The next station stop is Del Rio, right across the river from Mexico and about 3 hours west of San Antonio. About 40 minutes or so prior to arrivng in Del Rio you cross the Pecos River high bridge. Most of the time there will be an announcement about crossing this bridge as it's quite a spectacular view looking down at the river. Closer to Del Rio you pass by another large body of water, but you're much closer to the water. Thanks to stopping for awhile out in the middle of nowhere we arrived in Del Rio 15 minutes or so late.

We left Del Rio with the sun still shining, but it was getting towards sunset. East of Del Rio the countryside eventually gets pretty flat. If you could see it, you would find that the scenery has become really ho-hum. So it is no loss to have darkness overtake the train. I tried to determine what town we were passing based on what I remembered either from previous trips on this train or from the times Norm and I had railfanned in the area. I did need to recognize when we passed through Hondo as then I would call Norm to tell him we were about an hour from the San Antonio station stop. We passed Hondo at 8 PM. At that rate we'd pull into San Antonio 20-25 minutes early.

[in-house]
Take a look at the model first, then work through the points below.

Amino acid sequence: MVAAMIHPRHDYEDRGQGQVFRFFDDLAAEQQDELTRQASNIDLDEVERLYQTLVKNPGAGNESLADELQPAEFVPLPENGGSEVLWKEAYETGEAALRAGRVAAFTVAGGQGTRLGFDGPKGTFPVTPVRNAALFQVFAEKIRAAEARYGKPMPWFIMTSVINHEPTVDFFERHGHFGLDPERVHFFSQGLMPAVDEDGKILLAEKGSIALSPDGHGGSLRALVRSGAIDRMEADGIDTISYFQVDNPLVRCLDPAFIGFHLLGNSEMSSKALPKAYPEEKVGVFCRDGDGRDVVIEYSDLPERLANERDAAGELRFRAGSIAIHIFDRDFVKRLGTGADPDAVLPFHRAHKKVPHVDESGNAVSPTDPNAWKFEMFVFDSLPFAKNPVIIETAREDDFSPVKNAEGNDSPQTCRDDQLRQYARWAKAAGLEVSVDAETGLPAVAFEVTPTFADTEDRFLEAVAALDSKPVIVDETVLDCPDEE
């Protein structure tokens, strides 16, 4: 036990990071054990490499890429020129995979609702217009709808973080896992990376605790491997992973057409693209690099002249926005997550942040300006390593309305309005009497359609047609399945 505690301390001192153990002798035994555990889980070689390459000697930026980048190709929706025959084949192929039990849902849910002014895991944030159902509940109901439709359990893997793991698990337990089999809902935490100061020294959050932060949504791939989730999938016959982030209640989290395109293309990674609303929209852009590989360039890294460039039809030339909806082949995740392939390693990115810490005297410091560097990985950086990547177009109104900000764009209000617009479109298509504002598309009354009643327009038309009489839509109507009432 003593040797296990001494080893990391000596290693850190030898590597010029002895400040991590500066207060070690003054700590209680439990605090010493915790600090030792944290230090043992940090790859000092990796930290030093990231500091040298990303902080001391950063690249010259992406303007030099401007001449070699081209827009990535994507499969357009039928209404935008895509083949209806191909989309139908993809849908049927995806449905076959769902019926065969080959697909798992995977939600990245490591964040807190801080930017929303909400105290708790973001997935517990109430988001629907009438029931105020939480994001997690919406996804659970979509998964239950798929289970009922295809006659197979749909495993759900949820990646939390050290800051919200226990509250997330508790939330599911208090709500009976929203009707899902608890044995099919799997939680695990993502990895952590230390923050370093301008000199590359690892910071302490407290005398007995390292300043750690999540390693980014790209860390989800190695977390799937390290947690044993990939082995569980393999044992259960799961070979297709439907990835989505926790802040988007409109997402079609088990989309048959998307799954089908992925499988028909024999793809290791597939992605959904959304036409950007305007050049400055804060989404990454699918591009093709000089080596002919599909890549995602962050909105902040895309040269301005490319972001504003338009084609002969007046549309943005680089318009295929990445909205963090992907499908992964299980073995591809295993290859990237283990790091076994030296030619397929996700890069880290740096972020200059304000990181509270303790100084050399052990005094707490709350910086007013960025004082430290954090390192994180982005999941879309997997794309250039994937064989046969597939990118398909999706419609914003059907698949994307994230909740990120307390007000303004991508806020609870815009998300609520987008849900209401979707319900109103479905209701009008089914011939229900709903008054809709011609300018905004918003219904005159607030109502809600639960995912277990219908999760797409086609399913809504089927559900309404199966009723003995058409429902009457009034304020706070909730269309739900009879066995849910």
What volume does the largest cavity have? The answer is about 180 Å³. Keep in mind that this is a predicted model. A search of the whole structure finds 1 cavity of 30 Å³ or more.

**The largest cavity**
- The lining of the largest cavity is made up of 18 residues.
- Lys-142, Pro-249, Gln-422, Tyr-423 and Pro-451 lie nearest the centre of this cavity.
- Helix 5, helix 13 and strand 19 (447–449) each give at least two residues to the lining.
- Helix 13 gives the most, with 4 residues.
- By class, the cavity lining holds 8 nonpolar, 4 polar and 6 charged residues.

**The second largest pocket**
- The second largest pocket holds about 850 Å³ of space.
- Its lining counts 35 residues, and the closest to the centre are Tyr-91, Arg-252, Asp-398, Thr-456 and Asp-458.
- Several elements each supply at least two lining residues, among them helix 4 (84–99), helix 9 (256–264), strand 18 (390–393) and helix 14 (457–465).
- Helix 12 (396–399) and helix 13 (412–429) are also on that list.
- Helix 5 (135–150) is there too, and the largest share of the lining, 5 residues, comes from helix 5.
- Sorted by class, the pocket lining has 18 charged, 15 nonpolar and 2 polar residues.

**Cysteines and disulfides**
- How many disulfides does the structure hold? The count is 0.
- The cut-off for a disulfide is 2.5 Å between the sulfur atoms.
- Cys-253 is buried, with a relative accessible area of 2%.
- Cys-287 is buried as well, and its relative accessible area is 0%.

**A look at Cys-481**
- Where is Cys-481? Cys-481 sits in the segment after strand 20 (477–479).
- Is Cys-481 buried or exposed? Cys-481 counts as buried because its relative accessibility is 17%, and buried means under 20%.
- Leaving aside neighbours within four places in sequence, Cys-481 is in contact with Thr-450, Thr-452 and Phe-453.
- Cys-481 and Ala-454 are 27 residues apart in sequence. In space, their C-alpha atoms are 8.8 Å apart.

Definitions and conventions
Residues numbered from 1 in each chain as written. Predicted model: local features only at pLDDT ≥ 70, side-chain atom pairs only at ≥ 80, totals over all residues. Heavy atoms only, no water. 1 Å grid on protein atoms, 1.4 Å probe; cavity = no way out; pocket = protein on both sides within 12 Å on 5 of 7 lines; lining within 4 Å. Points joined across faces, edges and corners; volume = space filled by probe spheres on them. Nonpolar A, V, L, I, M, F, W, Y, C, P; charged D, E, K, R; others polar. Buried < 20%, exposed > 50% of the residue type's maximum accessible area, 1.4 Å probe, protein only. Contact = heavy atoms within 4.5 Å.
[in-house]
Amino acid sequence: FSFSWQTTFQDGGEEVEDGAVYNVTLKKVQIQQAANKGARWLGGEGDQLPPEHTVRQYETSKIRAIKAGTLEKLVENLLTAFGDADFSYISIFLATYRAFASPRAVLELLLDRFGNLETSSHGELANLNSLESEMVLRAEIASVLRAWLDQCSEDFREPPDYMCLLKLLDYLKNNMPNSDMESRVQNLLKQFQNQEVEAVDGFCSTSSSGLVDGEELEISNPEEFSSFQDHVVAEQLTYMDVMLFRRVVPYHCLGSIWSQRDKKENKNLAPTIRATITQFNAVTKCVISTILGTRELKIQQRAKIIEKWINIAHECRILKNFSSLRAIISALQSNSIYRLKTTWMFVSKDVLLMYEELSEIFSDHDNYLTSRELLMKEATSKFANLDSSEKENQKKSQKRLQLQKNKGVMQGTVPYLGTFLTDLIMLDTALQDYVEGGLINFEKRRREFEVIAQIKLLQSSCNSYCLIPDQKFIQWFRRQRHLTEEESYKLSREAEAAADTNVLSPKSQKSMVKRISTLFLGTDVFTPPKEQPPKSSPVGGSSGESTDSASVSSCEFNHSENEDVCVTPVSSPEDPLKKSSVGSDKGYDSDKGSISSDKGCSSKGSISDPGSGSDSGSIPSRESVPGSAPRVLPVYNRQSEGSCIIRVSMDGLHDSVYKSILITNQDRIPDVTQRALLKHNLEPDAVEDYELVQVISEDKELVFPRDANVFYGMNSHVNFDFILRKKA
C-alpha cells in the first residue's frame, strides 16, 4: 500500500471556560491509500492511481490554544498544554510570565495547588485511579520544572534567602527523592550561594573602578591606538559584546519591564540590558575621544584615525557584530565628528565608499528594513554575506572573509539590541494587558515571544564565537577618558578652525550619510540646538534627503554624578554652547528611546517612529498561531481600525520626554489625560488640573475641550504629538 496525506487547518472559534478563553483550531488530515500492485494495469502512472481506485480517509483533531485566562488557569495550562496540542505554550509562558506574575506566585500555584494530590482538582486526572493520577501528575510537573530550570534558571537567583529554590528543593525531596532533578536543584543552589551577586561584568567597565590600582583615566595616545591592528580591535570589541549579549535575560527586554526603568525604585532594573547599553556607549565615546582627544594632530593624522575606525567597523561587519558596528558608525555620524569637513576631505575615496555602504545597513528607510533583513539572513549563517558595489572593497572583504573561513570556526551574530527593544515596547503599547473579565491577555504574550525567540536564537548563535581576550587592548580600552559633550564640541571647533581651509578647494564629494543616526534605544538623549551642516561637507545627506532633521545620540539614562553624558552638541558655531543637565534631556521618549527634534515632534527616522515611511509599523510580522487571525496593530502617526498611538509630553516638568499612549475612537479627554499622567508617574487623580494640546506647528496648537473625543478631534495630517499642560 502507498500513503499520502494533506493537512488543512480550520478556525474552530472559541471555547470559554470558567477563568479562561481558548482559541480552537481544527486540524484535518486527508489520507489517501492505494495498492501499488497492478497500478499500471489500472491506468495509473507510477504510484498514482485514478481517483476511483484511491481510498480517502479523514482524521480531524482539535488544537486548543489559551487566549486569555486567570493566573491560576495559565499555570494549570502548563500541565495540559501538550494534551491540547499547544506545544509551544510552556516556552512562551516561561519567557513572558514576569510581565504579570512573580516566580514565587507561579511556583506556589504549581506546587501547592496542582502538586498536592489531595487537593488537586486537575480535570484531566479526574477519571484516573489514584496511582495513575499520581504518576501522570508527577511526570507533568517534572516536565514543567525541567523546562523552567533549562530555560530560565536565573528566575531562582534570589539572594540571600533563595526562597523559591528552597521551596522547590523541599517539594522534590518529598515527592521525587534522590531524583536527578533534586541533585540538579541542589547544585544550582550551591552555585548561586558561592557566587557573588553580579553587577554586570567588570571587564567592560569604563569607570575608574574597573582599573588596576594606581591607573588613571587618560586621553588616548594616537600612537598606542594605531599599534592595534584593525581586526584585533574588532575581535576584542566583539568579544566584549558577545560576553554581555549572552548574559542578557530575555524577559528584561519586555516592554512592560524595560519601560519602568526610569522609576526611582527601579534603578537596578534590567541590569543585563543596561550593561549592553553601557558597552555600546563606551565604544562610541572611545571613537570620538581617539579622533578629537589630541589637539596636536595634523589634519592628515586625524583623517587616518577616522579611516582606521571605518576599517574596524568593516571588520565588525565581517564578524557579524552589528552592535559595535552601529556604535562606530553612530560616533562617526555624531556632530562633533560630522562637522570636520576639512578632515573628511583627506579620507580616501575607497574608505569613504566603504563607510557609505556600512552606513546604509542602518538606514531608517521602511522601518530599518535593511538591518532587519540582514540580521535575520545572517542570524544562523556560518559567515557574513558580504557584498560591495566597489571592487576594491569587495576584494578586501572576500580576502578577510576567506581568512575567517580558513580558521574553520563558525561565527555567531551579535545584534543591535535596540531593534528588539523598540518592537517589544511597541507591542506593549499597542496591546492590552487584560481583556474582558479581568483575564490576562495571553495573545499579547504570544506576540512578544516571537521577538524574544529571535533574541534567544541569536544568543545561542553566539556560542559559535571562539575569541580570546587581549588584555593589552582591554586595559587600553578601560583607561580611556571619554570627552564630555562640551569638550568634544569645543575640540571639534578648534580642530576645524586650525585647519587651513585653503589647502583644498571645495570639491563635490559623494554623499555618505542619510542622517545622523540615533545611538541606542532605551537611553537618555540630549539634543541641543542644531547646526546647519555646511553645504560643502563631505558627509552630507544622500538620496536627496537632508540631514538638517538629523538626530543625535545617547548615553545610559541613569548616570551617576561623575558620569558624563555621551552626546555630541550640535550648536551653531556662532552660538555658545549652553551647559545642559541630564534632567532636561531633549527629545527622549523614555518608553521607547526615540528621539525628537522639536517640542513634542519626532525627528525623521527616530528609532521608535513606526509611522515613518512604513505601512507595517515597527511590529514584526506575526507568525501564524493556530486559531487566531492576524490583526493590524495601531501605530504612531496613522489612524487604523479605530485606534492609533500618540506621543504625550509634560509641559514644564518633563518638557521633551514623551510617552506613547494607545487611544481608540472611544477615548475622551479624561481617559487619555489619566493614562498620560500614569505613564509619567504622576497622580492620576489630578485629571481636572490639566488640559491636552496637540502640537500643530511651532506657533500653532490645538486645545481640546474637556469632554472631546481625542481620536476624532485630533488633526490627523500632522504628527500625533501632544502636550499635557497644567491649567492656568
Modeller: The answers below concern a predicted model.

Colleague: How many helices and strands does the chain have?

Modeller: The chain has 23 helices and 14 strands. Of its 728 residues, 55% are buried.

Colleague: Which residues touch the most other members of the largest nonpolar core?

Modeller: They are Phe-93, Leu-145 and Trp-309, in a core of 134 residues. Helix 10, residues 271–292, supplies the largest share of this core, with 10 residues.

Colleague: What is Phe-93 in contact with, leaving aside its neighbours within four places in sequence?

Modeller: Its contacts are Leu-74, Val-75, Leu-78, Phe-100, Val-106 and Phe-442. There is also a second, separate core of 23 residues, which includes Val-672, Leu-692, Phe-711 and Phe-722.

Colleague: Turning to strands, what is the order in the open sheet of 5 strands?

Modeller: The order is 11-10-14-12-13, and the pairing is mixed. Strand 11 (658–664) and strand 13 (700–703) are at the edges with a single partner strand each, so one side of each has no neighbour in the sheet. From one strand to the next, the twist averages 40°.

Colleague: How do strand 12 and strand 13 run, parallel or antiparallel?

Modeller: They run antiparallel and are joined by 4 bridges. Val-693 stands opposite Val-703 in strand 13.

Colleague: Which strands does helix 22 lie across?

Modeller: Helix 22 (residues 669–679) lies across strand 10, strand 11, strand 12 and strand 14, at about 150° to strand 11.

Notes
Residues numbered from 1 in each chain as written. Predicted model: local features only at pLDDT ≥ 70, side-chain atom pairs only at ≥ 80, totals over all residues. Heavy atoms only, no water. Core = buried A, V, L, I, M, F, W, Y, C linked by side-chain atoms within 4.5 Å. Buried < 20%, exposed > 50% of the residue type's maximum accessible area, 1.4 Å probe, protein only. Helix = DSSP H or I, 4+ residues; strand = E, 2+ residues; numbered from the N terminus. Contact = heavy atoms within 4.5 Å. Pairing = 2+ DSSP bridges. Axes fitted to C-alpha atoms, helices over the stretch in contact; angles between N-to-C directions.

Except that just a few short blocks from the station we stopped and sat for some minutes. I know that a switch has to be manually thrown to allow the train into the station track, but why did it take so long? Of course, we didn't get an answer. When we did finally get to detrain it was almost the regularly scheduled arrival time of 9:25 PM.

The San Antonio Amtrak station is one of the most user-hostile on the system.. There is no long term parking. Parking for people picking up or dropping off passengers is at a premium. Recent changes have made parking even worse. Norm was there to pick me up, but he soon had two cars behind him. Once I got my checked bag (this, too, took more time to get than it should have) he had to drive along the station platform and pass on the trackside of the old SP station (now a museum, I think) to escape. So ended this train trip. I still didn't know how I was going to get home.

The next day we would begin railfanning in Texas.

Riding the "Texas Eagle"